Contractors and sod producers across the Southeast are excited about a new cool season turf option that is specifically bred for the transition zone.  Fescue has been the standard for decades but maintaining acceptable turf quality during the summer has always been a challenge resulting in the need to overseed each fall.  

Turf Breeders set out over 15 years ago to find a better suited cultivar and after years of research and trials, two new bluegrasses are coming to market.  Southern Blue is now available for sale and another is in process of being released. 

Southern Blue Versus Tall Fescue

Southern Blue was developed through a partnership between Texas A&M and NG Turf. It is a cross between Kentucky bluegrass and Texas bluegrass, giving homeowners another sod option for a year round green lawn.

Southern Blue and tall fescue share many attributes, however Southern Blue is clearly the best cool season grass for our area, here in the transition zone.

grass zone map


Rhizome Root System

The biggest difference between Southern Blue and fescue is found underground. Southern Blue’s root system includes rhizomes, which are like horizontal stems growing under the soil surface. The grass plants shoot up to the surface along these rhizomes, and as the rhizomes spread, new grass plants form. Fescue does not have rhizomes, so each tuft of grass is its own separate plant.



Because it can regenerate by creating new grass plants along its rhizomes, Southern Blue can more easily recover from damage and wear. If a fescue lawn sustains damage, it cannot regenerate and must be reseeded or repaired with pieces of new sod to repair the area, costing money and time.

Heat and Drought Resistance

While all cool season grasses slow down and go into a somewhat dormant state in the summer months Southern Blue is in a league of its on. With proper irrigation it possesses a greater ability than fescue to withstand summer heat and drought conditions in the transition zone. 


Cool Season Grass

Southern Blue is a cool season grass like fescue, doing the majority of its growth in the cooler temperatures of spring and fall. These grasses do not go dormant during winter, but their growth slows significantly during the cold of winter and heat of summer.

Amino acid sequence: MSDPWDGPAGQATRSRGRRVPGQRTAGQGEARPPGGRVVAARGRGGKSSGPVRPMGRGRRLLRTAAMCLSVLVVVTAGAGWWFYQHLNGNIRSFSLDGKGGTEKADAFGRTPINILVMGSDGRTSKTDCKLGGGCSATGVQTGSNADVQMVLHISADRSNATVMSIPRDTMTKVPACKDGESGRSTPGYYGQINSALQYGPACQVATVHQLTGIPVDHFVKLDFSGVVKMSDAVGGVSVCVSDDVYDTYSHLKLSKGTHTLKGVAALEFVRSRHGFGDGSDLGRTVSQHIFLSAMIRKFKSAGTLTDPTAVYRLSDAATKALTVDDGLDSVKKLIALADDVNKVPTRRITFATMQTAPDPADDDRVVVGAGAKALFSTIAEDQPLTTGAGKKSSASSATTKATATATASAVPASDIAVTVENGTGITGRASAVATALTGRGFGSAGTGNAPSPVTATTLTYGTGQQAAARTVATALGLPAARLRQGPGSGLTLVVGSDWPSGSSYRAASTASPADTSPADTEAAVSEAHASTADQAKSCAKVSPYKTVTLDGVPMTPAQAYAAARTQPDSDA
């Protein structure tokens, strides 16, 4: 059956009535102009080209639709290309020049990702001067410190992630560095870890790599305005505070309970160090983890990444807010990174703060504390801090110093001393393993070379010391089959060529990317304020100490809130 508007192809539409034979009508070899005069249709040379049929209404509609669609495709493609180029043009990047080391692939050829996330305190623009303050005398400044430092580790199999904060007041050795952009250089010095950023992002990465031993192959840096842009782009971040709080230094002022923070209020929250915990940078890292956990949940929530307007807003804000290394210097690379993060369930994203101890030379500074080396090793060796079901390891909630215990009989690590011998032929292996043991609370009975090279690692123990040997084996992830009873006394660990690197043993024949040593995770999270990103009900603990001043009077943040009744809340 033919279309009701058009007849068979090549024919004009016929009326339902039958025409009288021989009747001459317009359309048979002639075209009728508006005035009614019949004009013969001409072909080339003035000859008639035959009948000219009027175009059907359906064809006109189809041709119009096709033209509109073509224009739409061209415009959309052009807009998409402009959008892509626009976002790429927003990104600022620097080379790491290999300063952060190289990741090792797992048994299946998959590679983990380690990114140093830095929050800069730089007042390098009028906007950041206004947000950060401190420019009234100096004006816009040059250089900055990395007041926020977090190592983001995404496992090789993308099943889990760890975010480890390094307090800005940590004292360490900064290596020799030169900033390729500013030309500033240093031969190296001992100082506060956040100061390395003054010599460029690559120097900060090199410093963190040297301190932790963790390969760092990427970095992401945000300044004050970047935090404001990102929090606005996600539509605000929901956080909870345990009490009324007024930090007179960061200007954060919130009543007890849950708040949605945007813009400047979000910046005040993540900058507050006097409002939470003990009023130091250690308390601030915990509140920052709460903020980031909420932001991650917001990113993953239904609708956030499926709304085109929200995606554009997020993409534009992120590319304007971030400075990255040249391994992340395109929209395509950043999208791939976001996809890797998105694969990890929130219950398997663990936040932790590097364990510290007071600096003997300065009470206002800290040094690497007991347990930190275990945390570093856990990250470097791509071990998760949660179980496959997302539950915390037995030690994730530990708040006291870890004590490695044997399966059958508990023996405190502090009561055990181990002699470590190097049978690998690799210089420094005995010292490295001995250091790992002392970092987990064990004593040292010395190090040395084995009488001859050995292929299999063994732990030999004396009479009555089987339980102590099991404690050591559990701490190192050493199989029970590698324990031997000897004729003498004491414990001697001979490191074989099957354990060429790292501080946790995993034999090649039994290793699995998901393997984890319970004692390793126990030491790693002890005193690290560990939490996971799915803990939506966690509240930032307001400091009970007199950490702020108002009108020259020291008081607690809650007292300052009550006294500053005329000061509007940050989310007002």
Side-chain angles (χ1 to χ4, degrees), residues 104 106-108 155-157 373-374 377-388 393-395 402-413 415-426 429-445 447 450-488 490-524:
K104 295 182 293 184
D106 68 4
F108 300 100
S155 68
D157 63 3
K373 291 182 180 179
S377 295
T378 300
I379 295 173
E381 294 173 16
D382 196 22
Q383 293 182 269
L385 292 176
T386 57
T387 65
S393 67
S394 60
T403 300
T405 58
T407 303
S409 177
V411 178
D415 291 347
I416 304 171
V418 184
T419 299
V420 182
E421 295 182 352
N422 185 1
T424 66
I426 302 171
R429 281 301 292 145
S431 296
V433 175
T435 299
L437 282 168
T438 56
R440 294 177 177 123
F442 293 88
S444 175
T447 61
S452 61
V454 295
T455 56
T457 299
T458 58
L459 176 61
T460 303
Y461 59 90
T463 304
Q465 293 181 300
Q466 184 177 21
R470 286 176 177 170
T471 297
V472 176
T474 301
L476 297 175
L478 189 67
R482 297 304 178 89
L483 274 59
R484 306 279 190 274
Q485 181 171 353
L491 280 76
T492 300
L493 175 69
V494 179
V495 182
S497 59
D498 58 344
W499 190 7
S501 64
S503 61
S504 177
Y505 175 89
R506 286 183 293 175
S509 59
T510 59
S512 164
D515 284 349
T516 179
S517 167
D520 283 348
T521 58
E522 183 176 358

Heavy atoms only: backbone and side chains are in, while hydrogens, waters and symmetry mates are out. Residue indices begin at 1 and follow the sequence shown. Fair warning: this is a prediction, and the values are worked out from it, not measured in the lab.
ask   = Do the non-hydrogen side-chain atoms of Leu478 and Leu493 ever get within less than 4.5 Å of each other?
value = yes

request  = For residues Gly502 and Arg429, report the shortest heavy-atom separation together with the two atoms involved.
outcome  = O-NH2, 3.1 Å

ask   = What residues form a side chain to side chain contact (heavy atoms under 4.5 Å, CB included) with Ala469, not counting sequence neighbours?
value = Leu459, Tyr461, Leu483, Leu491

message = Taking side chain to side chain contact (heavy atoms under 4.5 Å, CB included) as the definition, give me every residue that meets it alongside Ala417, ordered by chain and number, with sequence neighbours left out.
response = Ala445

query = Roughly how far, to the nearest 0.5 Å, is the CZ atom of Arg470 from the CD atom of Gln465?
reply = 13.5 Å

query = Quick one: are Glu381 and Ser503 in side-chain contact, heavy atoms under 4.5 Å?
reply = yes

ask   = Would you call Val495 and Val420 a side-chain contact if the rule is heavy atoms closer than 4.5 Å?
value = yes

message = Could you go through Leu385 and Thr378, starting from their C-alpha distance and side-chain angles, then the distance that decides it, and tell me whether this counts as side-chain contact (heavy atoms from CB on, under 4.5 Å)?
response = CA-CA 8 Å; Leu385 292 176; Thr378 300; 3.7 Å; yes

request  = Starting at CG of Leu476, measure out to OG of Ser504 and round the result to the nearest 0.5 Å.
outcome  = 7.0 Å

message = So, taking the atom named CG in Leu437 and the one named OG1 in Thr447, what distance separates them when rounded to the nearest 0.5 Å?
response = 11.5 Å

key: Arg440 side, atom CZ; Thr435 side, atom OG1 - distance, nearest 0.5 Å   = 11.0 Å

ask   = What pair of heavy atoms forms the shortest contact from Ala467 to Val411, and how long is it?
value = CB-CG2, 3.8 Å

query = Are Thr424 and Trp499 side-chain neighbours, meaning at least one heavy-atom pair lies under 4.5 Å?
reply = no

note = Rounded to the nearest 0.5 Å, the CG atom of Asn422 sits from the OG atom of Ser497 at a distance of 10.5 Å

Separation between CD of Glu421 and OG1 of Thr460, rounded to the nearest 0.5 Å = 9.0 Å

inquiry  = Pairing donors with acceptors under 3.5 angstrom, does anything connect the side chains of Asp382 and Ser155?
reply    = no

Leaf Blades

Because they are cool season varieties, both Southern Blue and tall fescue keep their dark green color all year rather than going brown in winter. Both offer medium texture blades that perform best at heights of two to four inches.

Shade Tolerance

Just like fescue, Southern Blue tolerates shaded areas well, making it a great choice for yards with sun to partial shade.


Southern Blue logo

If you are interested in a Southern Blue lawn, contact our Certified Turfgrass Professionals at 770.832.8608 or


Here in the Southeast, winters aren’t nearly as harsh as in other regions, but home landscape enthusiasts and professionals still must prepare for cold weather. Winterizing lawn equipment by following these tips ensures we’ll be ready when next spring calls us back into the yard.

Power Equipment

Once the leaves finish falling, it’s time to ready your power tools for winter storage.

For gas-powered equipment:

  • Drain the fuel by running the engine out gas, or fill the tank with fresh gas and add a fuel stabilizer. If you opt for the latter, use as much fresh gas as possible since gas older than 30 days cannot be properly stabilized. Run the engine for a few minutes to get the fresh gas through the engine.

  • Replace the oil with fresh and change oil and air filters.

  • Check all nuts and bolts to be sure none have vibrated loose.

  • Inspect wheels, belts and other moving parts, replacing any that appear worn or cracked.

  • Move batteries and chargers for battery operated equipment indoors rather than leaving them in the garage for the winter. Exposure to winter’s temperature fluctuations shortens battery life and may cause premature failure. Carefully coil any power cords and store in a garage or shed.

  • If a recent mowing left your grass with a ragged appearance, it’s time to remove the blade and have it sharpened. Follow your manufacturer’s instructions for recommended sharpening techniques, or find a local shop to sharpen the blade for you.

Hand Shears and Cutting Tool

  • Clean your shears and loppers with steel wool and mineral spirits or a foaming-type bathroom cleaner.

  • Check the tension screws and sharpen blades using a broad file only. Beware — using a power grinder may cause metal blades to overheat and lose their tempering, making them more likely to chip or break.

  • Clean garden hand tools with dishwashing liquid and dry thoroughly. Smooth any rusted spots with steel wool or a wire brush, and sharpen blades of shovels and hoes with a file.

  • Apply a light coat of multi-purpose oil to all metal surfaces, and treat any wooden handles to a coat of linseed oil.
hand held pruning shears trimming rose bush

Hoses and Sprinkler Systems

  • Drain garden hoses by lifting them overhead one section at a time until empty.

  • Check for leaks and repair or replace damaged sections.

  • Replace any worn washers you see, and then store your hoses in a garage or shed out of the sun. Exposure to UV light reduces a hose’s usable lifespan.

  • Drain and store hoses after each use throughout late fall and winter.

  • For an in-ground irrigation system, consider hiring a professional to protect it from freezing. For most homeowners it is well worth the moderate cost. The process requires careful calibration of an air compressor to avoid damaging in-ground sprinklers.

  • Clean pressure washers, too, making sure their pumps function properly before storing.

Pots and Containers